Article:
Neural stem cells (NSCs) in the adult and aged brain are largely quiescent, and require transcriptional reprogramming to re-enter the cell cycle. However, the mechanisms underlying these changes and how they are altered with age remain undefined. Here, we identify the chromatin accessibility differences between primary neural stem/progenitor cells in quiescent and activated states. These distinct cellular states exhibit shared and unique chromatin profiles, both associated with gene regulation. Accessible chromatin states specific to activation or quiescence are active enhancers bound by key pro-neurogenic and quiescence factors. In contrast, shared sites are enriched for core promoter elements associated with translation and metabolism. Unexpectedly, through integrated analysis, we find that many sites that become accessible during NSC activation are linked to gene repression and associated with pro-quiescence factors, revealing a novel mechanism that may preserve quiescence re-entry. Furthermore, we report that in aged NSCs, chromatin regions associated with metabolic and transcriptional functions bound by key pro-quiescence transcription factors lose accessibility, suggesting a novel mechanism of age-associated NSC dysfunction. Together, our findings reveal how accessible chromatin states regulate the transcriptional switch between NSC quiescence and activation, and how this switch is affected with age.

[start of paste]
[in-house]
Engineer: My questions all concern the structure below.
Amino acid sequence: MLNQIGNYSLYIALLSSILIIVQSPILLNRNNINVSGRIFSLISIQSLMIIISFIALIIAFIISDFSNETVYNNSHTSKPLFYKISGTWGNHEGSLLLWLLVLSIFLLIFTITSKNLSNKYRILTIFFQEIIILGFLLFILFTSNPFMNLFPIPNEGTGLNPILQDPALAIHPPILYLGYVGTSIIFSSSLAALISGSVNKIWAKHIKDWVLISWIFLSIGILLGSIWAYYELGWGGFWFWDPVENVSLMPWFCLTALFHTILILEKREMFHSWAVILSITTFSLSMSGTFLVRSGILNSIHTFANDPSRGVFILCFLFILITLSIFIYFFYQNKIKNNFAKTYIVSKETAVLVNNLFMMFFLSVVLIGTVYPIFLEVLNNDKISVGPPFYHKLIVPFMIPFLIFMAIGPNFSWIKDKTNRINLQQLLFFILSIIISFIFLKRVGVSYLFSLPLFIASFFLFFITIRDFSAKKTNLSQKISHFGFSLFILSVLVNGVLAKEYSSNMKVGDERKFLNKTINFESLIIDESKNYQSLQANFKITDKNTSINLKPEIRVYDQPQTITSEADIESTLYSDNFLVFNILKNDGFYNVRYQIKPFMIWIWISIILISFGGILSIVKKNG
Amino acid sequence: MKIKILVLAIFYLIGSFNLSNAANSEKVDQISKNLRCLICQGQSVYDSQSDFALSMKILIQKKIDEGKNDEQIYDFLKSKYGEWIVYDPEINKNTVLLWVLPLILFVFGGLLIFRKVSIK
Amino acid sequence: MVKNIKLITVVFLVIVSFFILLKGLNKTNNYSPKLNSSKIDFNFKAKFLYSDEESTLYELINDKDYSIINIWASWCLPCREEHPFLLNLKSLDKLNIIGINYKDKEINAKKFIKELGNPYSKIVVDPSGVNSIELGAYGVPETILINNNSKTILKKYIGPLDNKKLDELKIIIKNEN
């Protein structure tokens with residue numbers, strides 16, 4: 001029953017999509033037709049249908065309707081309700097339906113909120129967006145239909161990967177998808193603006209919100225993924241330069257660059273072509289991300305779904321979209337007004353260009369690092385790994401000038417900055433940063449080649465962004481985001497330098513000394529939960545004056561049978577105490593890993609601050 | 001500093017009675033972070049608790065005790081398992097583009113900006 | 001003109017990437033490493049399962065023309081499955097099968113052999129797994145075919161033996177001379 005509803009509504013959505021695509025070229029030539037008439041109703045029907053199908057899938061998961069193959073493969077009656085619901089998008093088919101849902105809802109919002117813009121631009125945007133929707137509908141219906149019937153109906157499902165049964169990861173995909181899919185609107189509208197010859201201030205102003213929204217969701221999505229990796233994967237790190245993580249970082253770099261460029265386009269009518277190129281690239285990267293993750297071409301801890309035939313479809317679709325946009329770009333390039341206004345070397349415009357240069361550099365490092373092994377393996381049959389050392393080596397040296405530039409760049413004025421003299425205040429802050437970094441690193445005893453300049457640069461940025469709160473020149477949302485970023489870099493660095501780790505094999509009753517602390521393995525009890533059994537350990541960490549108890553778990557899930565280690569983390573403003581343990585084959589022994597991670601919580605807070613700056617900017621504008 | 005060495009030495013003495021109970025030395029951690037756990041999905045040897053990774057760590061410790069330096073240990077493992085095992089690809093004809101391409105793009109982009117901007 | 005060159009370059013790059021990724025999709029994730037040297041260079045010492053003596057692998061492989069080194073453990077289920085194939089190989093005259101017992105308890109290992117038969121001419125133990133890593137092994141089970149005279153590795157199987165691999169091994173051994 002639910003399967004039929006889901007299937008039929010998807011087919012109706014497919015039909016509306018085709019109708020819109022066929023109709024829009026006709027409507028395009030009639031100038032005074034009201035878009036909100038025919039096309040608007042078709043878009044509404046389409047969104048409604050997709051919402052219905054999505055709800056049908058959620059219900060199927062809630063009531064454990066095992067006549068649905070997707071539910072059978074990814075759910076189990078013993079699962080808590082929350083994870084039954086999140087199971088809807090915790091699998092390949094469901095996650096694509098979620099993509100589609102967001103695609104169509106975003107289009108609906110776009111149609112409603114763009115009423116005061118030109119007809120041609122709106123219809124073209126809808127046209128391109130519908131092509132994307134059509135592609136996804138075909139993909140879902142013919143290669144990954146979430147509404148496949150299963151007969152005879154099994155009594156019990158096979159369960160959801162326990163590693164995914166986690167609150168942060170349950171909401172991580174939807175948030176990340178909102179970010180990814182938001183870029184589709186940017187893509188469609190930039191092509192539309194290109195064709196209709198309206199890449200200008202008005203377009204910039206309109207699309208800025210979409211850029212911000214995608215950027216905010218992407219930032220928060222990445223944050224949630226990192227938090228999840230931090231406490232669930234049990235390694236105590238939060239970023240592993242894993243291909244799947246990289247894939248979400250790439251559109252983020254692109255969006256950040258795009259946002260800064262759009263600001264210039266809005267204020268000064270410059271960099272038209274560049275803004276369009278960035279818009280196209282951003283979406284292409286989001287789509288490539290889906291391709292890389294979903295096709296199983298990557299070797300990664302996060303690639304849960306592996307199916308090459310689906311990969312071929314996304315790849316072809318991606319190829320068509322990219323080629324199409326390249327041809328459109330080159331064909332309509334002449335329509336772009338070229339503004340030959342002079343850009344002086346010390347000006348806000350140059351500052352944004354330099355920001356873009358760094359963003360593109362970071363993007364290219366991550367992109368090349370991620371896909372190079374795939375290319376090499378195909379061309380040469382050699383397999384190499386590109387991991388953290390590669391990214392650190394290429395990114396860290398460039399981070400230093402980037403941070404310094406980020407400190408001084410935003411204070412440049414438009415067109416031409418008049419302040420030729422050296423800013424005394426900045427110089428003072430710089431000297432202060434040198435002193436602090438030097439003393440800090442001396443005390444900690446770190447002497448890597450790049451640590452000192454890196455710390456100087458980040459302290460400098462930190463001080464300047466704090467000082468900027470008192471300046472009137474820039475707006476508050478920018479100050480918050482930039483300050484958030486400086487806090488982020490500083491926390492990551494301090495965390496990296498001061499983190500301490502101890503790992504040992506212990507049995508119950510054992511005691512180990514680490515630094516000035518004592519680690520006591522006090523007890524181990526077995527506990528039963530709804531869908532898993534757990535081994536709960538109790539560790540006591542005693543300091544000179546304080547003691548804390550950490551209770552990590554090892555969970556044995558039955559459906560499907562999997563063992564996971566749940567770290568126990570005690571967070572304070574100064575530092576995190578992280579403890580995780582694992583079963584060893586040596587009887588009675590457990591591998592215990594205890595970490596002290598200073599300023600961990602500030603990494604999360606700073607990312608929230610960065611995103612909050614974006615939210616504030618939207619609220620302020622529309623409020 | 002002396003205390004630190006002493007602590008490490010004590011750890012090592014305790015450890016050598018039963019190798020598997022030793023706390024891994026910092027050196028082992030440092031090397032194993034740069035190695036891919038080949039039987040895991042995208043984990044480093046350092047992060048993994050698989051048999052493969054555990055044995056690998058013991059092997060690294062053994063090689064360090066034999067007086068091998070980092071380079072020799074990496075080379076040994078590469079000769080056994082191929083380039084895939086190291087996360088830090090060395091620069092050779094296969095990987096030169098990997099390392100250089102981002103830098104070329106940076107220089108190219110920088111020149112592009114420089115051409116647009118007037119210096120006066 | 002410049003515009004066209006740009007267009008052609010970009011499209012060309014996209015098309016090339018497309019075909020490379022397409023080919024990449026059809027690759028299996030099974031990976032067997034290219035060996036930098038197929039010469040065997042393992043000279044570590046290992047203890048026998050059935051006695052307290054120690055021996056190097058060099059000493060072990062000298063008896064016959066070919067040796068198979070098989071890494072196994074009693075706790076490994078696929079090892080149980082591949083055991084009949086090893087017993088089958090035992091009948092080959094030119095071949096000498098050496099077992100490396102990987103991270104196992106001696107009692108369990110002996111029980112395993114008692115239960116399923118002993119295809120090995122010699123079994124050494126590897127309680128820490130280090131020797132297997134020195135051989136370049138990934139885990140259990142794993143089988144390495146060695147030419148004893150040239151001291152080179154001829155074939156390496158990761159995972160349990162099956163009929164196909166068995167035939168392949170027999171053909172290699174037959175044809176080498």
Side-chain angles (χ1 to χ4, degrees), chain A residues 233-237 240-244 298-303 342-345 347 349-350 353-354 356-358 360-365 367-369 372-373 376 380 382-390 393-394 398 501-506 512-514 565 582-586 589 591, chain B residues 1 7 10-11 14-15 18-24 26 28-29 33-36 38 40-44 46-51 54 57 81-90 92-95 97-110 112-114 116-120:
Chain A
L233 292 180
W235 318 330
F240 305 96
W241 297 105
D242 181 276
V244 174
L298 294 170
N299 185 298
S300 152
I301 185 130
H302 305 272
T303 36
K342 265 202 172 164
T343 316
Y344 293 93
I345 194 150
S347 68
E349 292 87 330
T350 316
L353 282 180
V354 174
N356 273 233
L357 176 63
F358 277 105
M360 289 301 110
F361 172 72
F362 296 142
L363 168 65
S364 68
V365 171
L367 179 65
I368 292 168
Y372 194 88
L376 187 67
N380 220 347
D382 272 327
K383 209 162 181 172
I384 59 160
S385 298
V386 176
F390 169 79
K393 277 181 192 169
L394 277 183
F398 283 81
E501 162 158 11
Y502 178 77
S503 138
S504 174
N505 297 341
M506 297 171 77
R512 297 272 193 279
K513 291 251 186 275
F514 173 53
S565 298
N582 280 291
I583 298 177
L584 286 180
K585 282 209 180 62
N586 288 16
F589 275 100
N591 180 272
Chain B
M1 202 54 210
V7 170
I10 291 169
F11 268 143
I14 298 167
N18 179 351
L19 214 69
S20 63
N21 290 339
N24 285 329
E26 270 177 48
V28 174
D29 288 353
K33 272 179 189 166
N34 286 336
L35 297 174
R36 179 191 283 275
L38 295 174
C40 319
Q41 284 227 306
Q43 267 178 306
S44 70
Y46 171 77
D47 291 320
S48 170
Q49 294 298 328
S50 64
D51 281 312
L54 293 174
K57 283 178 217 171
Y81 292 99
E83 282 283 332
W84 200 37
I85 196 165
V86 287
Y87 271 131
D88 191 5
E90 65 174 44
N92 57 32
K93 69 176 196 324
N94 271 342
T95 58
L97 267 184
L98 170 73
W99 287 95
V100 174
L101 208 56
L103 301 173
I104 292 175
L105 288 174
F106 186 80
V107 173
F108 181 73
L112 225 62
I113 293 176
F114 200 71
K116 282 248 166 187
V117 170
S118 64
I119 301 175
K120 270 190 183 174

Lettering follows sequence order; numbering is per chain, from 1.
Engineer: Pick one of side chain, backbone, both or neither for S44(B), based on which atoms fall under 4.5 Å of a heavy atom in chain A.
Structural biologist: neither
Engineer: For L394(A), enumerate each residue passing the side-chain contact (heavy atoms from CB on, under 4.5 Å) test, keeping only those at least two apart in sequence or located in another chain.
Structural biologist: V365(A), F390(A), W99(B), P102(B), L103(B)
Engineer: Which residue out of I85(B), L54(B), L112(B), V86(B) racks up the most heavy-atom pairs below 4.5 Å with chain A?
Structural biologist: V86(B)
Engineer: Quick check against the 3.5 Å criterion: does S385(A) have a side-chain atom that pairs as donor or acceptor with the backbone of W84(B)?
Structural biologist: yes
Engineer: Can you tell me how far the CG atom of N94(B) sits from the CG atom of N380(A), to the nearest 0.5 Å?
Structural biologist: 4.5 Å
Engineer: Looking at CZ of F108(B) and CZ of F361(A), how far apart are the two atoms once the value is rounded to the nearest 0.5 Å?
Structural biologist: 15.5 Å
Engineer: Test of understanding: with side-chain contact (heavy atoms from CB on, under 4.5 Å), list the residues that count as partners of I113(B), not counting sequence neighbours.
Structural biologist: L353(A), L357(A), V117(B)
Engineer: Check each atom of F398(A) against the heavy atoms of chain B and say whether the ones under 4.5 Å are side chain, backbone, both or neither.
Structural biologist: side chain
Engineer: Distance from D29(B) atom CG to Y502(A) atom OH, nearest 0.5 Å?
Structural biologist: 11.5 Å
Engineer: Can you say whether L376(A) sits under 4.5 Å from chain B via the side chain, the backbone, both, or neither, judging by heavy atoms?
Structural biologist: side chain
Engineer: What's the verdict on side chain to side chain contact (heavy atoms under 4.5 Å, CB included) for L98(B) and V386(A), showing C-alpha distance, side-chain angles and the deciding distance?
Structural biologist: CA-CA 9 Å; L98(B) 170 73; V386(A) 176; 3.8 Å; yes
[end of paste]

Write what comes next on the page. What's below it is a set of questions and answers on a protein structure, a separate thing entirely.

Keywords: aging; chromatin accessibility; neural stem cells; stem cell activation.
© 2021 The Authors. Aging Cell published by Anatomical Society and John Wiley & Sons Ltd.